GAINESVILLE (AP) - Florida guards Kenny Boynton and Erving Walker share scooter rides across campus, stay after practice to shoot and hang out socially.
They're roommates, teammates and backcourt mates.
They have something else in common: When the undersized duo struggles, so do the 15th-ranked Gators (26-7). Boynton and Walker have shown all season how important guard play is for coach Billy Donovan's team, especially in the Southeastern Conference tournament.
Florida expects the same in the NCAA tournament.
"Me and Kenny, we're both confident players and we feel like at some point in the game the shots will go in," Walker said Monday.
If not, Florida usually finds itself in trouble.
Kentucky pretty much shut down the 6-foot-1 Boynton and the 5-foot-7 Walker in the SEC tournament final, holding Boynton to 10 points on 4-of-16 shooting and keeping Walker under double digits for the second time in three meetings.
The Wildcats did it with relatively tall, athletic guards who can play press coverage, disrupt passing lanes and affect shots.
The Gators, the No. 2 seed in the Southeast region, could face similar problems in the NCAA bracket - although it's unlikely to come against 15th-seeded UC-Santa Barbara in the opening round Thursday in Tampa.
The Gauchos (18-13), who won the Big West tournament and earned an automatic berth in the NCAA field, have two 6-foot guards in the starting lineup alongside top scorers Orlando Johnson and James Nunnally.
Walker leads Florida in scoring, averaging 14.4 points a game, and has a knack for hitting deep three-pointers. He also has a team-high 37 steals.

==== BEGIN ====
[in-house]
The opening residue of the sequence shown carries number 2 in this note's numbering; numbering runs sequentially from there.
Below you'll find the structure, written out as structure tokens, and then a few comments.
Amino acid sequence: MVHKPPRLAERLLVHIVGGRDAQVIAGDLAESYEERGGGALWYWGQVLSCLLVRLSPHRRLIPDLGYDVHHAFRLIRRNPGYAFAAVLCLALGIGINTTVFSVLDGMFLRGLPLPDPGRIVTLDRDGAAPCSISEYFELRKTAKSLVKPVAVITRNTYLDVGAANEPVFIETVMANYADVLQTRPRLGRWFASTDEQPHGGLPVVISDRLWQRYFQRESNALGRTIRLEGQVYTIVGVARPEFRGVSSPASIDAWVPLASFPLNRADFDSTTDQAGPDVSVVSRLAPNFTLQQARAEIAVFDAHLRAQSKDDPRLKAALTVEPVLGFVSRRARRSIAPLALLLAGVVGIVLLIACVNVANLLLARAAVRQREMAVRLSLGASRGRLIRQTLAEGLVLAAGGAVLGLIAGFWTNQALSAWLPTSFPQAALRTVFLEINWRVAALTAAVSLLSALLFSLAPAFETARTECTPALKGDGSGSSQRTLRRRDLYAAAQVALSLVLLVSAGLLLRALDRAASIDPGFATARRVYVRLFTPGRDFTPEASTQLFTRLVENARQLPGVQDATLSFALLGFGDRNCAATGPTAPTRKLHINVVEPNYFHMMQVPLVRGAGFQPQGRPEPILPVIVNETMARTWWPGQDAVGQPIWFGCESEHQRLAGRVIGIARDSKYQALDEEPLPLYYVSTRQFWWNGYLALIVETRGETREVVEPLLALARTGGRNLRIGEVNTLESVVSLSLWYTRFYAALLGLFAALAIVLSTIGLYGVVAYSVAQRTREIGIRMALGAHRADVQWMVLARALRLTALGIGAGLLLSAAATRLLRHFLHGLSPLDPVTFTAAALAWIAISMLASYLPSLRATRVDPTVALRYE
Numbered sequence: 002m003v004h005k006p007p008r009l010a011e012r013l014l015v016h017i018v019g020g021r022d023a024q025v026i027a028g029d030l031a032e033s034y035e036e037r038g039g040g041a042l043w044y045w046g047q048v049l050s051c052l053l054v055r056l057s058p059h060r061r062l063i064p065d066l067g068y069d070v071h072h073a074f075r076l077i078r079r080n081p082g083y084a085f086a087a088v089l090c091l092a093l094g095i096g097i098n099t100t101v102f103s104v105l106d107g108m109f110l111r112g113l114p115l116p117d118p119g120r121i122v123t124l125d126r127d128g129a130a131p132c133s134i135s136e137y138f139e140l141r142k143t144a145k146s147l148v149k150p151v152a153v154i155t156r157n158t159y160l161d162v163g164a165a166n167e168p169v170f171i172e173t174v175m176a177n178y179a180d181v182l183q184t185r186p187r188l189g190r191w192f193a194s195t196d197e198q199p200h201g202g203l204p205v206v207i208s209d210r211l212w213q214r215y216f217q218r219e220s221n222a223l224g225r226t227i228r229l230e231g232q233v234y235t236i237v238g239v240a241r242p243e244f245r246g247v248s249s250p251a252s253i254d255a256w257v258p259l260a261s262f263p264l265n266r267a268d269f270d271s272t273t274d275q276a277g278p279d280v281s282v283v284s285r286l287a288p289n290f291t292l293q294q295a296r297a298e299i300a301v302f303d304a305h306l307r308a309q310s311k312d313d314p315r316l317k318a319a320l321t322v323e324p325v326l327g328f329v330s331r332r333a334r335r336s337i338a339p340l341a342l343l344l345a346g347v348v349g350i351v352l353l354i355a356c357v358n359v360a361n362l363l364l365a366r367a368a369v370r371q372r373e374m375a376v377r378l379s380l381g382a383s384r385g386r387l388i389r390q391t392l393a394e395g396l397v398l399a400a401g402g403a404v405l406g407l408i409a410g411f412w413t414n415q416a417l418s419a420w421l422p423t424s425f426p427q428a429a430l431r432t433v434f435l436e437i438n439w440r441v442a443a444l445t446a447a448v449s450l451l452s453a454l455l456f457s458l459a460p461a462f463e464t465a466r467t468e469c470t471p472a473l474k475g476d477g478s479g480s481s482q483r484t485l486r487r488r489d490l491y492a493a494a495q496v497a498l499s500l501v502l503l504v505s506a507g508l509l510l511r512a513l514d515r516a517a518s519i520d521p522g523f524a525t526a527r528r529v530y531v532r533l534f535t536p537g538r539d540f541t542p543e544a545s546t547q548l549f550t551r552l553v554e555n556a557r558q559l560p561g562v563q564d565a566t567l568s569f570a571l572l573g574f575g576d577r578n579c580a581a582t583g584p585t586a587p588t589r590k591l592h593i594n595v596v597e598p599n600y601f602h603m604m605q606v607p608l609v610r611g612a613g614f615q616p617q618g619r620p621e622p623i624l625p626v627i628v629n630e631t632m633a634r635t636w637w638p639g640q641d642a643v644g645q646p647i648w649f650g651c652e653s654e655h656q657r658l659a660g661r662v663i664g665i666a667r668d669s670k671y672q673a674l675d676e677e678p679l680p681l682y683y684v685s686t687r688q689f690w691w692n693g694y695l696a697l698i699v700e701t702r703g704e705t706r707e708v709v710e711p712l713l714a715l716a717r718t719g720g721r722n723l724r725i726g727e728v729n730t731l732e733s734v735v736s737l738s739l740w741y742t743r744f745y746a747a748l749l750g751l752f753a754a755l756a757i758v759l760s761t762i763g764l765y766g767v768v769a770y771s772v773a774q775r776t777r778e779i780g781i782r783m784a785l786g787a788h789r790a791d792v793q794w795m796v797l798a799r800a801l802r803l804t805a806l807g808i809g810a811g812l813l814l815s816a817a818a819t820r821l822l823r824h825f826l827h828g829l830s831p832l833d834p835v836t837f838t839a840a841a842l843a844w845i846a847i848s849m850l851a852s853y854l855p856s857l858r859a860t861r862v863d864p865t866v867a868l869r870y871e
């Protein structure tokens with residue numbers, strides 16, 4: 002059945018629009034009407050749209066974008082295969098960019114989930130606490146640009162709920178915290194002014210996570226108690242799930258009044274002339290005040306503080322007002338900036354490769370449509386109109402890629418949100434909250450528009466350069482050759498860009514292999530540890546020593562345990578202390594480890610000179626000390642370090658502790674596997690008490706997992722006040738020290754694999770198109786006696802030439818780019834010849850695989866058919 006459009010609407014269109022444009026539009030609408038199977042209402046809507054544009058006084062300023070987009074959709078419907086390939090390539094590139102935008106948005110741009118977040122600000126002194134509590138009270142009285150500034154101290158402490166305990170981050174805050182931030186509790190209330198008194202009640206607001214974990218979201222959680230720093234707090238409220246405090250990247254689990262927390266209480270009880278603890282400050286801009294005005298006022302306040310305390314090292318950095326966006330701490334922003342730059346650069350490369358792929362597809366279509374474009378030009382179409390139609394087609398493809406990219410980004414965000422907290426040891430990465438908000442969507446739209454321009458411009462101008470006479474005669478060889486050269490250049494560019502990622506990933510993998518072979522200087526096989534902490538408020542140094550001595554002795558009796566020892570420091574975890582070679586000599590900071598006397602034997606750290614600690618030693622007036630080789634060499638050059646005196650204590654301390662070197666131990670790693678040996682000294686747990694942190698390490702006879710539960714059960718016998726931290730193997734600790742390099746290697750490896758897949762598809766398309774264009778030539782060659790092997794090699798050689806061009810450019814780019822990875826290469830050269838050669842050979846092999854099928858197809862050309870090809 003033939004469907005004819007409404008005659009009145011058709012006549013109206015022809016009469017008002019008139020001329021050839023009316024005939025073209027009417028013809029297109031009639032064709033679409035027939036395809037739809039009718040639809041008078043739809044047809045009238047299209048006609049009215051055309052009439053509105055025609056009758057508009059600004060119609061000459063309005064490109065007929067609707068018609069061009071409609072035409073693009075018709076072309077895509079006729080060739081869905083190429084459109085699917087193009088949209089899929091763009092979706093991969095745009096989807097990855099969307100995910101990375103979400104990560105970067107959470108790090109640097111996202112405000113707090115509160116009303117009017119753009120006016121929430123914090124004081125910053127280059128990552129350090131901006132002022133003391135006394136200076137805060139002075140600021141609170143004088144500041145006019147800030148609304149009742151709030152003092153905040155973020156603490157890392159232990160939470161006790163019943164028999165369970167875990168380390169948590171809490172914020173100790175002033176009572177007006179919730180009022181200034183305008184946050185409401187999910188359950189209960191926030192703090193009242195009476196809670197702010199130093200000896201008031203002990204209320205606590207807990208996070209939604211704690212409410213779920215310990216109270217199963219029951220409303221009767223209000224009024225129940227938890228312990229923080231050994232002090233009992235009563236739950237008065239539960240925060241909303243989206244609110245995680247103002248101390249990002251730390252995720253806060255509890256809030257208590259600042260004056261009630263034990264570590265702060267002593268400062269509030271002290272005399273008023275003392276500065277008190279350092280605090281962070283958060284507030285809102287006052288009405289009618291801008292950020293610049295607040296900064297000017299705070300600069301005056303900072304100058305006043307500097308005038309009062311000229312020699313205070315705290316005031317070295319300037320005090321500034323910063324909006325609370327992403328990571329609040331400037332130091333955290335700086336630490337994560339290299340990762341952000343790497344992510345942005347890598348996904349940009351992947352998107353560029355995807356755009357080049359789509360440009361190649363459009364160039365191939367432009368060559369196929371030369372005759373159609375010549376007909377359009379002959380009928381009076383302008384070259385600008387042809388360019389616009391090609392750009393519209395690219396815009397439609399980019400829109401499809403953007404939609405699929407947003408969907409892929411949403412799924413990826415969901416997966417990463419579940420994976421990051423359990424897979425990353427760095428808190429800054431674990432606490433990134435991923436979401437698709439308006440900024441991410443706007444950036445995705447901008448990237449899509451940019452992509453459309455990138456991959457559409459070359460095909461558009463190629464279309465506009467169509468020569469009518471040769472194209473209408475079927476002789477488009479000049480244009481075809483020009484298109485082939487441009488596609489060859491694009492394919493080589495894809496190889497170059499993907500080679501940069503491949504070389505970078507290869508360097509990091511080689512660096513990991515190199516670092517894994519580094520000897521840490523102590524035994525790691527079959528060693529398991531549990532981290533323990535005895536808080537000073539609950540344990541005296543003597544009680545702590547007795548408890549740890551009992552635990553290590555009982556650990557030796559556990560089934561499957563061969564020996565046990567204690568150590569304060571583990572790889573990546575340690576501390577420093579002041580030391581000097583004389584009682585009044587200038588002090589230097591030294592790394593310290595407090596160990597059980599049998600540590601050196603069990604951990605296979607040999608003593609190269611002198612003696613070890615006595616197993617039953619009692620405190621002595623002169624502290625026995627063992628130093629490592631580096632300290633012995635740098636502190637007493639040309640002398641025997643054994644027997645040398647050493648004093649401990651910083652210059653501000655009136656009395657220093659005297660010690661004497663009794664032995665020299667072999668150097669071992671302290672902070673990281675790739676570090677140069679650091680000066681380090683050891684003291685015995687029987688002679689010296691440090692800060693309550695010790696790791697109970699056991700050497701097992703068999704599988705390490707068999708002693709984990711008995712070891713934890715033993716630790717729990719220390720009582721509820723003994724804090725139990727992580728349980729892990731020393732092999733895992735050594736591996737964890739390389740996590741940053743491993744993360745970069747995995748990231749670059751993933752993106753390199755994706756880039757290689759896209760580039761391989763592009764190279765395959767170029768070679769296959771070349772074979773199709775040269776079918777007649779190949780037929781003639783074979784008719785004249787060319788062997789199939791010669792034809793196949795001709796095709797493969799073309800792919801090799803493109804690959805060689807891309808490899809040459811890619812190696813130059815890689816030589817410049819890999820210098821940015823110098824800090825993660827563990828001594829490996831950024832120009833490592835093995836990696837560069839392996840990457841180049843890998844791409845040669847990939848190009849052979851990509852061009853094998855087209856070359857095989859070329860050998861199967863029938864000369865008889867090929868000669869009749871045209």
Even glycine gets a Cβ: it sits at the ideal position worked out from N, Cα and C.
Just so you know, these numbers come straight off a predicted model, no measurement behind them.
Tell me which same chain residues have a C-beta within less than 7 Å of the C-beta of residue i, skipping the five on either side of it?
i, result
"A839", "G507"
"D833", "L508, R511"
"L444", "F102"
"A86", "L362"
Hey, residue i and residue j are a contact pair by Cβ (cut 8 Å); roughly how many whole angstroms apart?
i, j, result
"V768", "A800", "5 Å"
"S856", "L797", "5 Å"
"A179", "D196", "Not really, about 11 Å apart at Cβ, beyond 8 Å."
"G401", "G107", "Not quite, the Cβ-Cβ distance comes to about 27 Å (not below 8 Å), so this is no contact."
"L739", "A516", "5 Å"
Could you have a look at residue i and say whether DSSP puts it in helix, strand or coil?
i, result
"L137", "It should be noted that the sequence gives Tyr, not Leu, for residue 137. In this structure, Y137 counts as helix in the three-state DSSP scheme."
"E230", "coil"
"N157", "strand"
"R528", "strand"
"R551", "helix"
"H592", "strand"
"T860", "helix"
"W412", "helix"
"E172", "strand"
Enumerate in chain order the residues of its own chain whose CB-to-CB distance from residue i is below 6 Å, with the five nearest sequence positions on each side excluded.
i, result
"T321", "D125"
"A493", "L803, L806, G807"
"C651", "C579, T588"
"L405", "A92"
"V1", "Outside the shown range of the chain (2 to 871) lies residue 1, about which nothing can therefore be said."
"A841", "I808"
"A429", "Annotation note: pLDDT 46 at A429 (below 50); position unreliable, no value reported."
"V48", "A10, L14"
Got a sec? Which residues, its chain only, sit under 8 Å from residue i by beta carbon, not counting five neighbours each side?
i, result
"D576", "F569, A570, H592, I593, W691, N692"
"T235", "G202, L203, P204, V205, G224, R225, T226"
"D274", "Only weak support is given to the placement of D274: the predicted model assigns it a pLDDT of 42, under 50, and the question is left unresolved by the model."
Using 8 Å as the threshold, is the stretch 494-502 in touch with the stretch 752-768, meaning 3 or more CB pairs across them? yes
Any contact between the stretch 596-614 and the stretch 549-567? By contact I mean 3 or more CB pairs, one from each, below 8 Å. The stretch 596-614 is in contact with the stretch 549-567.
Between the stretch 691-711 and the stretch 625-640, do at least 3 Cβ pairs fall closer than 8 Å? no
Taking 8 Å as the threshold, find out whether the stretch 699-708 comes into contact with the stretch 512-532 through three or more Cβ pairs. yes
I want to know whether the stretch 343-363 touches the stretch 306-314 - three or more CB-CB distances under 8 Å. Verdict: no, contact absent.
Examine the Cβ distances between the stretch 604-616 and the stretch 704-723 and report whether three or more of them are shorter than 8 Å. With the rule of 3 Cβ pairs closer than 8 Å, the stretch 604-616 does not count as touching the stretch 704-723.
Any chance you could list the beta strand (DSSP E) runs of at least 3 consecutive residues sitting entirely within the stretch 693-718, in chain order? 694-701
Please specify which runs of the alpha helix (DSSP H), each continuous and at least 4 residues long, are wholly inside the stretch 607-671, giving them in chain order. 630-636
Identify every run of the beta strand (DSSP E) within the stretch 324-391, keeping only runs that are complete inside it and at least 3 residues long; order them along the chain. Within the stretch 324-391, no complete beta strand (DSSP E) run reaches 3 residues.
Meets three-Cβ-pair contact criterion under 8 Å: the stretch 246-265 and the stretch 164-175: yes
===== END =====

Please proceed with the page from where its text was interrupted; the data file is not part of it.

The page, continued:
His tendency to drive into the lane with little or no idea what he plans to do with the ball has concerned Donovan all season. Walker has a team-worst 80 turnovers.
Boynton, a sophomore from Pompano Beach, has been the team's best scorer in the second half of the season. He's averaging 14.1 points a game and leads the Gators with 72 three-pointers. Even with the off day against Kentucky, Boynton averaged 18.7 points in the SEC tournament.
The Gators are 17-4 this season when the duo combines for at least 25 points. Maybe more telling, the Gators are 19-2 when Boynton and Walker combine for six or more assists.
"I have a lot of confidence in those guys," Donovan said. "The worst guys to play with are guys that love to shoot the ball and love to score, which every player does, and they don't give it to your team on the defensive end of the floor. That's really a hard pill for your team and the other guys to swallow."
The Gators, especially Boynton and Walker, are well aware of their flaws, but they don't anticipate any changes, not at this time of year.